The Future of Advanced Air Mobility

Horizon Aircraft Achieves First Hover Tests of Cavorite X5 eVTOL Prototype

Horizon Aircraft says it has successfully conducted the first hover flight tests with a half-scale Cavorite X5 eVTOL prototype. 

The Canadian start-up is developing a fixed-wing eVTOL aircraft with a highly efficient, hybrid-electric power system. The aircraft will seat four passengers plus one pilot and is intended for air taxi rides, cargo transport, disaster relief, and emergency medical services. It features a patented fan-in-wing vertical lift system with 16 ducted fans built into the wing and canard. 

The Cavorite X5 prototype “exceeded expectations during initial hover testing,” said Horizon CEO Brandon Robinson. “It is extremely stable, is capable of full hover at only 65 percent power, and has hovered with 20 percent of its fans purposely disabled in order to test system redundancy.

"This is a large-scale aircraft, with a 22-foot wingspan, over 15 feet in length, and capable of speeds over 175 mph," Robinson added. "It continues to yield valuable data that is constantly improving our full-scale design.” 

According to Horizon, the aircraft’s unique design allows it to fly in a low-drag configuration, just like a traditional airplane, 98 percent of the time during each mission. The company claims that this configuration makes the aircraft safer, more efficient, and easier to certify than other eVTOL designs, such as those that involve tilting rotors. The hybrid-electric power system allows the aircraft to recharge its own batteries during flight. 

Robinson told FutureFlight that the company began initial hover testing in July 2022. “That consisted of full hover power stability testing wherein roll, pitch, and yaw stability were dialed in,” Robinson said. “We then moved to vertical power tuning and outdoor hover testing under gradually increasing wind conditions. In total, we have conducted a total of 84 unique hover flight test profiles.”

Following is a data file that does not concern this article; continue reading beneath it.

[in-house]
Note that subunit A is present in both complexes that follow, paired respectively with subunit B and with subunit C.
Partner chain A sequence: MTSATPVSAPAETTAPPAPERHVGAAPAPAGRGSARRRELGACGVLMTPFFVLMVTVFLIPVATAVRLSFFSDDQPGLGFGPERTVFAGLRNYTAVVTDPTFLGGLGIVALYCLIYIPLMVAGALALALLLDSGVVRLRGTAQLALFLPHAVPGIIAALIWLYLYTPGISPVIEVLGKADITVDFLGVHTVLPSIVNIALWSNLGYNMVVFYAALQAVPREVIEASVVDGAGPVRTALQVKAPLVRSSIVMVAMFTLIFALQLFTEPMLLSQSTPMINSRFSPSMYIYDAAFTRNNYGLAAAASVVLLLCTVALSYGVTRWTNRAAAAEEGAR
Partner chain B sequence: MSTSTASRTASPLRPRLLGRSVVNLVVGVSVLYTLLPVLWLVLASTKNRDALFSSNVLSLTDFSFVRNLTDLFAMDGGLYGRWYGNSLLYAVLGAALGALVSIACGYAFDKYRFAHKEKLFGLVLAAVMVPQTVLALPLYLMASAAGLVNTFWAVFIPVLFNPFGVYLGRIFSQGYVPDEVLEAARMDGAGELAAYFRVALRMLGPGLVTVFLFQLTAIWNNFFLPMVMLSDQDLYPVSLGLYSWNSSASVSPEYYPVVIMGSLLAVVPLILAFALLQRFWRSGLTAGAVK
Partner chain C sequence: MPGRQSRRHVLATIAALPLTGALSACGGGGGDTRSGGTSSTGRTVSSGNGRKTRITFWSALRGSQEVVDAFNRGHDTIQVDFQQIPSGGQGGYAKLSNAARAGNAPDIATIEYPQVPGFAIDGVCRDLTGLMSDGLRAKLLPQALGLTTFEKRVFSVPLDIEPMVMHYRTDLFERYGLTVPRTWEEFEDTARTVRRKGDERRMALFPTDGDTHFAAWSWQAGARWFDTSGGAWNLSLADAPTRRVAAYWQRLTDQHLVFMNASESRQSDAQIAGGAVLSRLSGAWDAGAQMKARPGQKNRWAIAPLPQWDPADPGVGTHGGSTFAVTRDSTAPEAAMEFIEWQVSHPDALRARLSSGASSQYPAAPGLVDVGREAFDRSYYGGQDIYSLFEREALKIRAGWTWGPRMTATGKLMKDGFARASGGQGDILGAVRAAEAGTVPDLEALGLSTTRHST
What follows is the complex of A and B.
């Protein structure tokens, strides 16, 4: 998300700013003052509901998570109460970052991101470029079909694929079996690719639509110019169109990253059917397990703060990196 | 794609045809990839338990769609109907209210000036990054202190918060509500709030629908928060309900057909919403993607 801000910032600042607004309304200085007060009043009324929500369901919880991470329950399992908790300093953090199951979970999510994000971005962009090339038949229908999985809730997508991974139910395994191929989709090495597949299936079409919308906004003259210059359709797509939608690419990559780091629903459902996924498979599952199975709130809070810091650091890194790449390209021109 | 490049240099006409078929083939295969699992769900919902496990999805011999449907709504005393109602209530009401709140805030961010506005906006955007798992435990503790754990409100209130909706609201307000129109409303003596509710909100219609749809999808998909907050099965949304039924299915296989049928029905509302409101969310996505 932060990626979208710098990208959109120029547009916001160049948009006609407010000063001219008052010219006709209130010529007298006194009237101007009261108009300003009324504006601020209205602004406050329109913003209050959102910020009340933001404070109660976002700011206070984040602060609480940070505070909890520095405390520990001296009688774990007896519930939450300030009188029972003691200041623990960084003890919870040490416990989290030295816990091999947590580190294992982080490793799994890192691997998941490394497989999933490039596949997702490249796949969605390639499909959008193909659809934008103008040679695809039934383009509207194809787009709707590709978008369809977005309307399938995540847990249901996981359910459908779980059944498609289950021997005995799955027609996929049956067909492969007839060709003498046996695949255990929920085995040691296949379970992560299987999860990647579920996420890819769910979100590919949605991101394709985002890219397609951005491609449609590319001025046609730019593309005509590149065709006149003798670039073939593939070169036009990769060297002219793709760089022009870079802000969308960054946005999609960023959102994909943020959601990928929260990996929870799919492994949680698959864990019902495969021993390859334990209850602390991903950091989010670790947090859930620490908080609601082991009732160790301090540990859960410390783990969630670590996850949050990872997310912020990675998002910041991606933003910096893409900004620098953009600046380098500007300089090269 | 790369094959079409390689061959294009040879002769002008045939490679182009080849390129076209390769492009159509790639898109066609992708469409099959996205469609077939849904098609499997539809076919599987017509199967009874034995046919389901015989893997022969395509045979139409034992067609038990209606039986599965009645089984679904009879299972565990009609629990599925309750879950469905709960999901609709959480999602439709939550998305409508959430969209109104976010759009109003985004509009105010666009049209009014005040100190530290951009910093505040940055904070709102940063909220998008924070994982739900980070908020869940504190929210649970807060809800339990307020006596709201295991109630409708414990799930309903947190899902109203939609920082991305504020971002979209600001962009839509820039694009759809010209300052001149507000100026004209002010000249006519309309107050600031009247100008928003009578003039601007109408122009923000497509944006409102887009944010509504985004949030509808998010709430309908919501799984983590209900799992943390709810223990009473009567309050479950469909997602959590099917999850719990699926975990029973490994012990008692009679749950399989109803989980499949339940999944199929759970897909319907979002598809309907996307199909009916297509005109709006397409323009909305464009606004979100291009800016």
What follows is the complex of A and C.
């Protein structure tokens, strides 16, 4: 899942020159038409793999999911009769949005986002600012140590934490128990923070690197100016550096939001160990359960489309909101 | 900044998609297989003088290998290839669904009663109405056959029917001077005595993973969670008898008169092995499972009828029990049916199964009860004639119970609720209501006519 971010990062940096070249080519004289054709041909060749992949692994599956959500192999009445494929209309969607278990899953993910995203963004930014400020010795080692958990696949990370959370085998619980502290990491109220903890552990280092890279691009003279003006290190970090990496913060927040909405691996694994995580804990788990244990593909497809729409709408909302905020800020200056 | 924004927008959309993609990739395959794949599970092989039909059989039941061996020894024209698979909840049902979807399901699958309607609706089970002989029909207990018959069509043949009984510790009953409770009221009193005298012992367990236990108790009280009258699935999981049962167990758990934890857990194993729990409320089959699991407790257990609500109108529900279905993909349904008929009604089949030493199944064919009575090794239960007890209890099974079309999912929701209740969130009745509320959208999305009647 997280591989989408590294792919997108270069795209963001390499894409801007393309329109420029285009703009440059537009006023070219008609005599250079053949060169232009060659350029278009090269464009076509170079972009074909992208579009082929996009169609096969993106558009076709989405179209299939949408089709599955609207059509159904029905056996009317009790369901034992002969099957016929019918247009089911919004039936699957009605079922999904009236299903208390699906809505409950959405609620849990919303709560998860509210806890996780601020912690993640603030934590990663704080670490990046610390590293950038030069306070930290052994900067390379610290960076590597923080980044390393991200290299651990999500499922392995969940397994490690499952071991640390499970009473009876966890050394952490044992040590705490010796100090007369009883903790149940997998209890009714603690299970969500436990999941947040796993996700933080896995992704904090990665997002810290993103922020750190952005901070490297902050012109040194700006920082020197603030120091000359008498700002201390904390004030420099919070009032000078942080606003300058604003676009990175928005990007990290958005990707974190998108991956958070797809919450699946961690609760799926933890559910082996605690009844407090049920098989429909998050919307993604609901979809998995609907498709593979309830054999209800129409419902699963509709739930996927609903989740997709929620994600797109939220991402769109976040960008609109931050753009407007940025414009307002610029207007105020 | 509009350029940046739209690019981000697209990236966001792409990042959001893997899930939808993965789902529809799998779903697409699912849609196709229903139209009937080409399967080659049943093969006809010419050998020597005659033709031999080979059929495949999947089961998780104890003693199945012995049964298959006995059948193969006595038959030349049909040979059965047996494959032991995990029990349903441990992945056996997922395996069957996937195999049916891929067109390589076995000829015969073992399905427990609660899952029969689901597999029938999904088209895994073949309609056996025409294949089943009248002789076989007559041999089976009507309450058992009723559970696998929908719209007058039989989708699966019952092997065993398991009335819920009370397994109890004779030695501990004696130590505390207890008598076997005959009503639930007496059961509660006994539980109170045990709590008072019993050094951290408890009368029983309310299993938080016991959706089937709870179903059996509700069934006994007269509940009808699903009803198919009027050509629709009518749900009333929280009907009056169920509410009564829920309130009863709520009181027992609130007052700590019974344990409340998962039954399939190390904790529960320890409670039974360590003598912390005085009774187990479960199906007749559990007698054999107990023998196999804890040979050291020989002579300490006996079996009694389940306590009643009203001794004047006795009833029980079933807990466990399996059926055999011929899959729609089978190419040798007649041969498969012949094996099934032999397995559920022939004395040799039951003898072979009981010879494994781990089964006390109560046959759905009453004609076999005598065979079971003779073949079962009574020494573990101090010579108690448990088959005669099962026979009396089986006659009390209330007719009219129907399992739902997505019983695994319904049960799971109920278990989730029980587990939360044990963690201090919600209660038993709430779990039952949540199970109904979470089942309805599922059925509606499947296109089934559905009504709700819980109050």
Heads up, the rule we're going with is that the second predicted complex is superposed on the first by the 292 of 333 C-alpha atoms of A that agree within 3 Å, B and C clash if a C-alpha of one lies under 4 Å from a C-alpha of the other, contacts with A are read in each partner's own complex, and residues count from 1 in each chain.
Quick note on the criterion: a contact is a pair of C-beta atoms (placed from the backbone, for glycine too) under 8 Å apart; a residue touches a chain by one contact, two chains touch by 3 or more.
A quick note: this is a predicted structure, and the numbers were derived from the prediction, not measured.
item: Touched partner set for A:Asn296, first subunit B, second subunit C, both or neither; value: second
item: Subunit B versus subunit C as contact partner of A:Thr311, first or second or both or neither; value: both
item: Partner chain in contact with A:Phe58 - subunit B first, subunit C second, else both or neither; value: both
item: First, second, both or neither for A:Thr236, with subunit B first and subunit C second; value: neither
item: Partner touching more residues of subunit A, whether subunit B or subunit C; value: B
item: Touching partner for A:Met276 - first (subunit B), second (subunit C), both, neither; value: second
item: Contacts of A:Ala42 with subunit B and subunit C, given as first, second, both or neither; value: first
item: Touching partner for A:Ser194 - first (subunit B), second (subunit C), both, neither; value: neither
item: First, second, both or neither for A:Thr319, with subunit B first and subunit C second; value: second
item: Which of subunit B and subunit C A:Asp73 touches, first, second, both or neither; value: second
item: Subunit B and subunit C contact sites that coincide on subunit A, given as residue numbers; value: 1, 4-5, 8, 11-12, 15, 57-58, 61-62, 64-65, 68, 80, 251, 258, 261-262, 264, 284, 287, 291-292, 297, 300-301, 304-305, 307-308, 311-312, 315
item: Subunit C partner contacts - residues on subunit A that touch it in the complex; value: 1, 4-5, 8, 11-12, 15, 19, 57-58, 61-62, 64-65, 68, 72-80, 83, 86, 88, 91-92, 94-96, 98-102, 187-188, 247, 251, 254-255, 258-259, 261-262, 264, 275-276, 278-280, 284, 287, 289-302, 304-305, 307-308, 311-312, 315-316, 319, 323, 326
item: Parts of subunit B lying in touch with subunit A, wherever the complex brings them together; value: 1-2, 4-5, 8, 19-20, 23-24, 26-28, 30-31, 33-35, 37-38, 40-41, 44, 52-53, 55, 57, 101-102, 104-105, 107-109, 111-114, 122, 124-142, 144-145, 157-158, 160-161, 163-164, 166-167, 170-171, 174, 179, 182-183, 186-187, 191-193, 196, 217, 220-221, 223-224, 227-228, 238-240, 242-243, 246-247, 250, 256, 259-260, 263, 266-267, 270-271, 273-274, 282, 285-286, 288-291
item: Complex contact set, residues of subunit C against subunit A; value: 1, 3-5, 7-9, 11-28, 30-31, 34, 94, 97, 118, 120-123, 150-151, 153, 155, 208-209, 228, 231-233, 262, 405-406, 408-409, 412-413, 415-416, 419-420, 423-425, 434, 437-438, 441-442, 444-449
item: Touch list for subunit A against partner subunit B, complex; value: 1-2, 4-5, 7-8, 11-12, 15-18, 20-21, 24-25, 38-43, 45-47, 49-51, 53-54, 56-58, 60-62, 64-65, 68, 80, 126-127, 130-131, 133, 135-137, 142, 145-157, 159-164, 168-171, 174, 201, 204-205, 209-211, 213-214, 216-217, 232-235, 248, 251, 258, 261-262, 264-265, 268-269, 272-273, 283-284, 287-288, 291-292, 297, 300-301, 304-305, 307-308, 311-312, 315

During those hover tests, in which the aircraft was tethered to the ground, it reached an altitude of about 15 feet, Robinson said. “There was no further data to be gained by going any higher, but the aircraft has sufficient excess hover power to climb vertically to almost any height.”

Horizon is now getting ready to begin transition flight testing with the Cavorite X5. Achieving a transition flight, during which an aircraft transitions from hover to forward flight, is a key milestone in the development of any eVTOL aircraft. 

“We are doing our preliminary real-world investigation in the ACE Wind Tunnel, a world-class facility here in Toronto that will help us to investigate transition in a controlled fashion,” Robinson said. “After this phase, we will be moving on to outdoor transition testing later in the spring or summer.”

Pending type certification, Horizon says, it expects to begin making deliveries of a full-scale aircraft in 2026. “We are meeting shortly with experts who will help us to establish our certification basis, so more clarity will emerge once those meetings have occurred. We have met with both Transport Canada and the FAA concerning certification of our aircraft," Robinson said. He added that Horizon plans to have its first full-scale Cavorite X5 aircraft completed in 24 to 30 months.

This article was updated on January 5 with additional details about the hover flight testing campaign.